Resources for Addressing Racism

During our called meeting on January 10, 2015 our yearly meeting affirmed a Minute of Action regarding how our faith community intends to address the many facets of “-isms” that confront us and our wider community.

In the time since our called meeting an “extended clerks’ team” consisting of the clerk, rising clerk, an elder and a consultant have been focusing on ways to support and encourage all meetings, members, seekers and other people to “Commit to increase our consciousness as Friends about the intersection of privilege and race in our culture and spiritual community” as included in the Minute of Action.

In support of this work, we have prepared a list of resources to help meetings think about where they are and what they may do. These resource lists are annotated bibliographies of books, websites, media and workshops organized along three “levels:” Beginner, Intermediate and “Well Along”.

We commend these resources to your attention and hope that they will help you and your meeting to reflect, consider and act on the issues and opportunities raised during our called meeting and in these resources.


For more information about the resources included in the lists below, please refer to the individual pages devoted to each of the three groups: Beginning, Intermediate and Well Along

Beginning Resources (List)

BOOKS & FILMS

  • Jeff Hitchcock, Lifting the White Veil
  • Paul Kivel, Uprooting Racism
  • Robin Parker and Pamela Smith Chambers, The Anti-Racist Cookbook (reading only)
  • Ronald Takaki, A Different Mirror
  • PBS documentary series, RACE – The Power of an Illusion

ONLINE RESOURCES & ARTICLES

  • Peggy McIntosh’s white privilege articles

WORKSHOPS & CONFERENCES

  • White Privilege Conference

ACTIVISM

  • ColorofChange.org

Please refer to our Beginning Resources Page for more information about these materials

Intermediate Resources (List)

ARTICLES, BOOKS & FILMS

  • Joy Angela Degruy, Post Traumatic Slave Syndrome
  • Michelle Alexander, The New Jim Crow
  • Thandeka, Learning to Be White
  • Donna McDaniel and Vanessa Julye, Fit for Freedom, Not for Friendship
  • The Color of Fear
  • Mirrors of Privilege: Making Whiteness Visible
  • Traces of the Trade: A Story from the Deep North
  • “What is White Supremacy?” by Elizabeth ‘Betita’ Martinez.

WORKSHOPS & CONFERENCES

  • Training for Change – Whites Confronting Racism
  • Beyond Diversity 101 Associates – Beyond Diversity 101
  • Beyond Diversity Resource Center – Summer Institute – An Immersion Experience on Race
  • Center for the Study of White American Culture – What White People Can Do About Racism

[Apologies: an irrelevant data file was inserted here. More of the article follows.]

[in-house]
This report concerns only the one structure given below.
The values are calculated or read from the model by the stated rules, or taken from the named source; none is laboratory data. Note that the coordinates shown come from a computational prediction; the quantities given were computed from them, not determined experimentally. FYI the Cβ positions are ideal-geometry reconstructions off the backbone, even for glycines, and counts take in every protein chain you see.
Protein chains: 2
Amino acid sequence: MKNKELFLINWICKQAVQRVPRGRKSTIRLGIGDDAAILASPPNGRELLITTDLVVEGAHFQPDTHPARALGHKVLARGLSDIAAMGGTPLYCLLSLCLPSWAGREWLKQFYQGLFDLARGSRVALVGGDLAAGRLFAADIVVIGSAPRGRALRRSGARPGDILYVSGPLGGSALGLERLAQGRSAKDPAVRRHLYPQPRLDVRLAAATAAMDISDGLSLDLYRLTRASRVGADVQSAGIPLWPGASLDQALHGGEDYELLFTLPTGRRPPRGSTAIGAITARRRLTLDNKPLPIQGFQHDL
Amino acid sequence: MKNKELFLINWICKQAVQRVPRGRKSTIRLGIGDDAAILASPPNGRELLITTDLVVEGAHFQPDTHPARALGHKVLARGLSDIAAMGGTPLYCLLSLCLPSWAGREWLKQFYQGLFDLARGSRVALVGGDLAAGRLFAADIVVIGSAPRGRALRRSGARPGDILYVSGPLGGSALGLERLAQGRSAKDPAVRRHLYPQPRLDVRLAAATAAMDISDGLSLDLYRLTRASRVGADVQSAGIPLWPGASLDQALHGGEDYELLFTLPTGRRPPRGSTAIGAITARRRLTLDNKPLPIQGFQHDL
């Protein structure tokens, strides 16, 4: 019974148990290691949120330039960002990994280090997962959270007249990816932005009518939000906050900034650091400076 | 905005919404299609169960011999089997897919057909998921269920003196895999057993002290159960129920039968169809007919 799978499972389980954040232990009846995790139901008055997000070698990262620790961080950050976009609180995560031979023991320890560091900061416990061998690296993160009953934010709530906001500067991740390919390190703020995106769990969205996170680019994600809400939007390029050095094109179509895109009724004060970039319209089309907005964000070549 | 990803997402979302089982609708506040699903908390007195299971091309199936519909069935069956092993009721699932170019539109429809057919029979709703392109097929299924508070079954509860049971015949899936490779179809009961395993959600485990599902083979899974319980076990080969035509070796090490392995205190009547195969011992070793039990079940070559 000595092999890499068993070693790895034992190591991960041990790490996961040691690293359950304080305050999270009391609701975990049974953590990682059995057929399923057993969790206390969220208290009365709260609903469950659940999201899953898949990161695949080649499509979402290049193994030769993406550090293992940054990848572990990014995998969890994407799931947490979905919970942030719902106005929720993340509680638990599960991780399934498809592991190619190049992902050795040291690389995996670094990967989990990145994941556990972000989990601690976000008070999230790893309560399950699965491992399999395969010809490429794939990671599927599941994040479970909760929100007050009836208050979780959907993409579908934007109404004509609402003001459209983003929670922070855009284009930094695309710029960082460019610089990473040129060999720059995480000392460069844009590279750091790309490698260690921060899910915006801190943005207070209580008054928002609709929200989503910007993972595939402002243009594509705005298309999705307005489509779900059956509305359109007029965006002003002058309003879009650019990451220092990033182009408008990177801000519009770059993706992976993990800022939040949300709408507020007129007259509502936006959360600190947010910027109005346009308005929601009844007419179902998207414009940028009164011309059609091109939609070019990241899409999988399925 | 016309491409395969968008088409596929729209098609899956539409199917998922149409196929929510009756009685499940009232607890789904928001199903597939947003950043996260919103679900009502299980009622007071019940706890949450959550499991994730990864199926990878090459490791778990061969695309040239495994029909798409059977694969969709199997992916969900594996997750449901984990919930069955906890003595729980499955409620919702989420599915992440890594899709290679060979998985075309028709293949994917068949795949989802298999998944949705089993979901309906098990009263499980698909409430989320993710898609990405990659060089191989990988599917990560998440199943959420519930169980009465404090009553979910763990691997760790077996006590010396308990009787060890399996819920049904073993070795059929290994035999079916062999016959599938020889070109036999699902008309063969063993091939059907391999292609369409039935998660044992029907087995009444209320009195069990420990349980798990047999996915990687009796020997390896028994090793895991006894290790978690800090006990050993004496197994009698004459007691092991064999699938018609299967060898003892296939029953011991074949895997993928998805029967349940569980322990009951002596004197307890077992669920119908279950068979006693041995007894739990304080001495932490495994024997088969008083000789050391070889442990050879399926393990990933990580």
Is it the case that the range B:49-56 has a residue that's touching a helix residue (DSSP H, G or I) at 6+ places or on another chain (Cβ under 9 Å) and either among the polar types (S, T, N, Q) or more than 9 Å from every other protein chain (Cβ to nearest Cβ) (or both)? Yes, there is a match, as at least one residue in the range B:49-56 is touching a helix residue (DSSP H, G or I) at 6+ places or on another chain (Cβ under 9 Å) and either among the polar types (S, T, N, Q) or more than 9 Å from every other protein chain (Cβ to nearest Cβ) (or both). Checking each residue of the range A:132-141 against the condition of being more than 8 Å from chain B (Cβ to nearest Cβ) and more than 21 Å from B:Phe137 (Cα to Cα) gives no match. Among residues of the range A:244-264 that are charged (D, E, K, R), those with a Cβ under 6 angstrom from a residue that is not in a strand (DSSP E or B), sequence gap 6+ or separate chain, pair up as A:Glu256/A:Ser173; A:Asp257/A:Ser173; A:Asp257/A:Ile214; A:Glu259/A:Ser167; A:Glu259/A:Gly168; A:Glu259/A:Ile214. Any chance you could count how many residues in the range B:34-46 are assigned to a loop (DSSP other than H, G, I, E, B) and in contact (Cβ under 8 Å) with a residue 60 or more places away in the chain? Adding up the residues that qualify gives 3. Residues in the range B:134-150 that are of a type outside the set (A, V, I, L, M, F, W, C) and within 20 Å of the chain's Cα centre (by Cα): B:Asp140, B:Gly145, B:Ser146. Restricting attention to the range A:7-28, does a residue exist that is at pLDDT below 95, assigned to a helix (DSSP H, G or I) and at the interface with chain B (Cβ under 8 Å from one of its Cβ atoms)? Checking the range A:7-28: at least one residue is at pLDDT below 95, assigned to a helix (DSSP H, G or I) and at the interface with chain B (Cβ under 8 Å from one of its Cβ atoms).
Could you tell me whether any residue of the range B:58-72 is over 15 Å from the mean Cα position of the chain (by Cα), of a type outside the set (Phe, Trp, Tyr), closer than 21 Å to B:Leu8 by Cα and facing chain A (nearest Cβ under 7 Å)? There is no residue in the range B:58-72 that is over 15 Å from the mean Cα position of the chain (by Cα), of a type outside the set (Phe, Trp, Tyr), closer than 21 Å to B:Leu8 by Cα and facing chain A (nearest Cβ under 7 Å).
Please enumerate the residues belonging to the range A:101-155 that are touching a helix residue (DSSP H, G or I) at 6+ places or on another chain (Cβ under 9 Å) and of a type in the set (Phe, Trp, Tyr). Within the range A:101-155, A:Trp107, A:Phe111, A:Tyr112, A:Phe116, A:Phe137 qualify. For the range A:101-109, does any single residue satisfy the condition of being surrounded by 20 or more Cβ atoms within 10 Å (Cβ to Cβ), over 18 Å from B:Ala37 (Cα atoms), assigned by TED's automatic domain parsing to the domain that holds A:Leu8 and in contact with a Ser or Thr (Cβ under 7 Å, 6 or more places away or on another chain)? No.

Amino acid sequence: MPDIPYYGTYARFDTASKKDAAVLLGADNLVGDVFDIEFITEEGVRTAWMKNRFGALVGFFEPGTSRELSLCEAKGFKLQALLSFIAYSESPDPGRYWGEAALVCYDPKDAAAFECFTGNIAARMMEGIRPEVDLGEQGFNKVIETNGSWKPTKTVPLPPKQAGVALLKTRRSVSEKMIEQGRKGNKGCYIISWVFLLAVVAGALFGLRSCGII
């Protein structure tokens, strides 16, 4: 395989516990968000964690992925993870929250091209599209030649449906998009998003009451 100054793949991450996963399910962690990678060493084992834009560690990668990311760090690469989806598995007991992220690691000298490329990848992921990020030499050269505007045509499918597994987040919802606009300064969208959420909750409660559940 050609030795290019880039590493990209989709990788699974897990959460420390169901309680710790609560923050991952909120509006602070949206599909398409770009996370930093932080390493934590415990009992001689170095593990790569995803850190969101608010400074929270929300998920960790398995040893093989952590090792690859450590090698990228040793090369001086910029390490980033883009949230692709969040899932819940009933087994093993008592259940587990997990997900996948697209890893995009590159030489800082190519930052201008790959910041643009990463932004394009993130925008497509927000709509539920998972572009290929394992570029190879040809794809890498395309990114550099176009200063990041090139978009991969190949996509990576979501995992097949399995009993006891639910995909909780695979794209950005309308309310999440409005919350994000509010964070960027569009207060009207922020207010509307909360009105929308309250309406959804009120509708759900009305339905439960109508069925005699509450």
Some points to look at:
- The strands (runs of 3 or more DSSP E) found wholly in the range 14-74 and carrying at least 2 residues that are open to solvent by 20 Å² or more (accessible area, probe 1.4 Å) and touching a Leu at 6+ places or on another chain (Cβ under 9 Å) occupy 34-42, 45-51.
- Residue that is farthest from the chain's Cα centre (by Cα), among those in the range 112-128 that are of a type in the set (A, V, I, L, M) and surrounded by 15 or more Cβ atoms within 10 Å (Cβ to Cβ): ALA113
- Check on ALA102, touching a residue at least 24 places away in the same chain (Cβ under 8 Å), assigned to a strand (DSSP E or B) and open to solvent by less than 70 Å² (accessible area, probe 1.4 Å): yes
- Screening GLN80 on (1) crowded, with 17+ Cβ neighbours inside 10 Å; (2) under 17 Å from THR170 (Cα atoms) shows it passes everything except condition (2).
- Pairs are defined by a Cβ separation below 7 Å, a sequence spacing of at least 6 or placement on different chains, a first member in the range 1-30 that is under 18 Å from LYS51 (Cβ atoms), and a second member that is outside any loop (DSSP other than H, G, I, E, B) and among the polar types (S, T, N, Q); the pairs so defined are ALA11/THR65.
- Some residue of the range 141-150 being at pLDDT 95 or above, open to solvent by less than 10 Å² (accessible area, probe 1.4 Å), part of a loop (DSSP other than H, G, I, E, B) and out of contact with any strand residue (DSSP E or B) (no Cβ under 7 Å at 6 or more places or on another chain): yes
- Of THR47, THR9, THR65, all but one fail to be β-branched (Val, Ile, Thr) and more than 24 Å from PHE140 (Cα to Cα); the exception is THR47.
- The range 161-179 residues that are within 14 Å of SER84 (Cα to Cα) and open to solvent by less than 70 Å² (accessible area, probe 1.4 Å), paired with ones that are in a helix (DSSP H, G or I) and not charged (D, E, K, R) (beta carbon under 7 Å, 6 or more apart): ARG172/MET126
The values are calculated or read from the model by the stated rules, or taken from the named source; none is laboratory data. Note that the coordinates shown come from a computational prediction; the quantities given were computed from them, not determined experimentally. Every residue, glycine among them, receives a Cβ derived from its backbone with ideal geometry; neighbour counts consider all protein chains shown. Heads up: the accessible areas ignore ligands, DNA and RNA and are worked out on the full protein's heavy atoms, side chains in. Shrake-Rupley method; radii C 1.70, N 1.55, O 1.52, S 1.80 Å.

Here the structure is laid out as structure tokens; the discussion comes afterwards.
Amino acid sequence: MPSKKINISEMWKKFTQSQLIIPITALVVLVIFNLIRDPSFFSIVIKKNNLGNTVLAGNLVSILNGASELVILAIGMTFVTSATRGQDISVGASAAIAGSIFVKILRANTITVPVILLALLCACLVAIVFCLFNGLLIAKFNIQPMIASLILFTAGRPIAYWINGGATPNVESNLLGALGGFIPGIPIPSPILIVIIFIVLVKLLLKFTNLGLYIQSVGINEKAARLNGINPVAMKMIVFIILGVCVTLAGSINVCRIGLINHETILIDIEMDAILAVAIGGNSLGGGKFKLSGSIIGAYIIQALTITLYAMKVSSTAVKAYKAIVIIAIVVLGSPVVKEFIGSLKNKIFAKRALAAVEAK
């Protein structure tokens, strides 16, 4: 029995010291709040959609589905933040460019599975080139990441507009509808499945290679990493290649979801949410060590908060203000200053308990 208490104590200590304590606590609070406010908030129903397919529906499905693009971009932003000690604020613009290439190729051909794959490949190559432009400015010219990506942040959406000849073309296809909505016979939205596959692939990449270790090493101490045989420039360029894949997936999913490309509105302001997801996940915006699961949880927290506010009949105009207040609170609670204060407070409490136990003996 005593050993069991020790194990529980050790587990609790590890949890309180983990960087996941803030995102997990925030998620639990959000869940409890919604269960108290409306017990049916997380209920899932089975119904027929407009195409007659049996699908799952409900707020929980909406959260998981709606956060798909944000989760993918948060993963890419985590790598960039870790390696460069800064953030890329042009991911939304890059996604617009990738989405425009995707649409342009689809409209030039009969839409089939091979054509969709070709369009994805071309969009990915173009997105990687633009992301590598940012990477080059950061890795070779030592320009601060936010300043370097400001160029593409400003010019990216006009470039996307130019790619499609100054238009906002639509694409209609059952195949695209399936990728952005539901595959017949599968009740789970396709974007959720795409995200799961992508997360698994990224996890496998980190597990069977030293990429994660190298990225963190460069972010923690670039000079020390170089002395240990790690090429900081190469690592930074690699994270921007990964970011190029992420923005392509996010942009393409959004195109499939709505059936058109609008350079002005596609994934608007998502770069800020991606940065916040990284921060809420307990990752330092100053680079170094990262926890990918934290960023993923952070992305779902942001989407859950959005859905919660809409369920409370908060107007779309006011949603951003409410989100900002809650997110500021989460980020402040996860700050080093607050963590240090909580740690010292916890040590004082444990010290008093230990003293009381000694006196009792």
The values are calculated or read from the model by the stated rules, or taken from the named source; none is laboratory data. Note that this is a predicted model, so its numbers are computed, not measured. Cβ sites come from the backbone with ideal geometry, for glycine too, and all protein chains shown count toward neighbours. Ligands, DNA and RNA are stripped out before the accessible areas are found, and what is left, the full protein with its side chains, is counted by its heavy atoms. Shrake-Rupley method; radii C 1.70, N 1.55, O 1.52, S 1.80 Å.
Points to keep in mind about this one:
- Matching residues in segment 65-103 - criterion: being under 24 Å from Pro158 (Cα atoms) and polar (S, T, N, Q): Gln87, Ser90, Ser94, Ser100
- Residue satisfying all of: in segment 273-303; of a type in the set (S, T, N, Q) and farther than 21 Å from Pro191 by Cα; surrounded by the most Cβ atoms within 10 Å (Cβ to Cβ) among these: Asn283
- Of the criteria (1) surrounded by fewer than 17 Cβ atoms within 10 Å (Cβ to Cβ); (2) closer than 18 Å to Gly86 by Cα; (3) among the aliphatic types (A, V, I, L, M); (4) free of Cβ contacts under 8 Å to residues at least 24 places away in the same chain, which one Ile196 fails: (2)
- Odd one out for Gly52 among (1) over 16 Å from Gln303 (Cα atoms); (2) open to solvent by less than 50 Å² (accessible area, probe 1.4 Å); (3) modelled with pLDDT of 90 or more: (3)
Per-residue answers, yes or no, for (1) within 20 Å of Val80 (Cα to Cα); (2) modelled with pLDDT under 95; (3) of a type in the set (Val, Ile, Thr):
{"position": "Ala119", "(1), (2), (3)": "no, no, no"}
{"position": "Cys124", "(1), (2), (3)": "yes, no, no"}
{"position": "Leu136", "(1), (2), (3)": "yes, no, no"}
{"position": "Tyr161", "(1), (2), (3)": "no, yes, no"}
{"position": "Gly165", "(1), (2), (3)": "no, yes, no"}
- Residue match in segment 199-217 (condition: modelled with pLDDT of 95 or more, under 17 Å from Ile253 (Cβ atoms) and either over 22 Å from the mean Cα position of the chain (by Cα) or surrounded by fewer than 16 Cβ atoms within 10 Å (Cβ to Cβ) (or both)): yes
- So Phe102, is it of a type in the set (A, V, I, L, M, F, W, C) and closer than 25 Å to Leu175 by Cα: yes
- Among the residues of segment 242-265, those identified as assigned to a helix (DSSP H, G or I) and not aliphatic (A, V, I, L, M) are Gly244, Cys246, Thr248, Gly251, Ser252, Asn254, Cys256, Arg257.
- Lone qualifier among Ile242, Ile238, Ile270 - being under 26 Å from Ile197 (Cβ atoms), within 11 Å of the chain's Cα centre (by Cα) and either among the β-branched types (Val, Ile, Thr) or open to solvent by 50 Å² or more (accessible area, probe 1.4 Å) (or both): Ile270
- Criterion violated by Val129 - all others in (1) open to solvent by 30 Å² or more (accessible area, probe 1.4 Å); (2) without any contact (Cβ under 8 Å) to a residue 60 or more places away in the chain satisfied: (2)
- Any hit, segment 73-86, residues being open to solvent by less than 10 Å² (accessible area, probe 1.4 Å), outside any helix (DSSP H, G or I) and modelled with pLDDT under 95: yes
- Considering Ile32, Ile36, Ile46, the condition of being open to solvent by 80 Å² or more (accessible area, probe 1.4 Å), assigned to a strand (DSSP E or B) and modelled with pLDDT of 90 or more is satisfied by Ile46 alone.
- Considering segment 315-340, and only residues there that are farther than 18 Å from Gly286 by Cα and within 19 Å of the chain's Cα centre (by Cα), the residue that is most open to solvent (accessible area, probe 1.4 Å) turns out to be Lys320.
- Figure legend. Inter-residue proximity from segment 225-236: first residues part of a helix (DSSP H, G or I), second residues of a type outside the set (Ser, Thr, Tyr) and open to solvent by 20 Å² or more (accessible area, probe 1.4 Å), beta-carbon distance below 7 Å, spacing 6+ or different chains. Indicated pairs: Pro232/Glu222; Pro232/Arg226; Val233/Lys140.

ACTIVISM

  • Robin Parker & Pamela Smith Chambers, The Anti-Racist Cookbook (putting it into practice)

Please refer to our Intermediate Resources Page for more information about these materials

Well Along Resources (List)

ARTICLES, BOOKS & FILMS

  • Bonnie Berman Cushing, et al, Accountability and White Anti-Racist Organizing
  • Randall Robinson, The Debt
  • “Heteropatriarchy and the Three Pillars of White Supremacy: Rethinking Women of Color Organizing” by Andrea Smith.

ONLINE RESOURCES & ARTICLES

  • Challenging White Supremacy Workshop Resources
  • Poverty & Race Research Action Council Resource Library
  • Racial Equity Tools
  • Traces of the Trade Actions of Faith Communities
  • Tema Okun, “White Supremacy Culture”
  • UC-Berkeley, “The Science of Inequality, Volume 1: Addressing Implicit Bias, Racial Anxiety, and Stereotype Threat in Education and Health Care”

WORKSHOPS & CONFERENCES

  • Peoples Institute for Survival and Beyond – Undoing RacismTM

Please refer to our Well Along Resources Page for more information about these materials

About using and sharing these resource lists

These resource lists were compiled by our consultant and reviewed by the clerks of our yearly meeting.

  1. We are only referring resources we are presently familiar with. Over time we may review and consider additional resources.
  2. There are literally thousands of resources available. It is a resource-rich environment. Picking a small list, any small list, necessarily requires not listing many worthy candidates.
  3. Other Friends may have different and perhaps favored resources. Sometimes people can be very passionate in their support of the use of a particular resource.
  4. We do not yet have a clear understanding of PYM’s vision, goals, and approach to addressing racism issues. A clearer understanding will inform our choices in the future.
  5. A resource is only as good as its use. In some cases, this means a resource may be used poorly or even counter-productively if not accompanied by discussion and processing led by a person seasoned in anti-racism, ally work, or racial justice (there are multiple possible frames here).
  6. Although we are Quakers from an FGC-affiliated yearly meeting we still have much to learn about the specific settings, people, organizational culture, history and relationships with the wider communities that exist and operate in the Philadelphia Yearly Meeting area.
  7. We only offer our list as a jumping off point. We make no claim to it being comprehensive or appropriate to all occasions that may arise or that our list will speak to the experience of all Friends.

The recommendation and use of resources should be a continuing matter of discussion among PYM Friends and open to suggestion from PYM Friends under the weight of the work.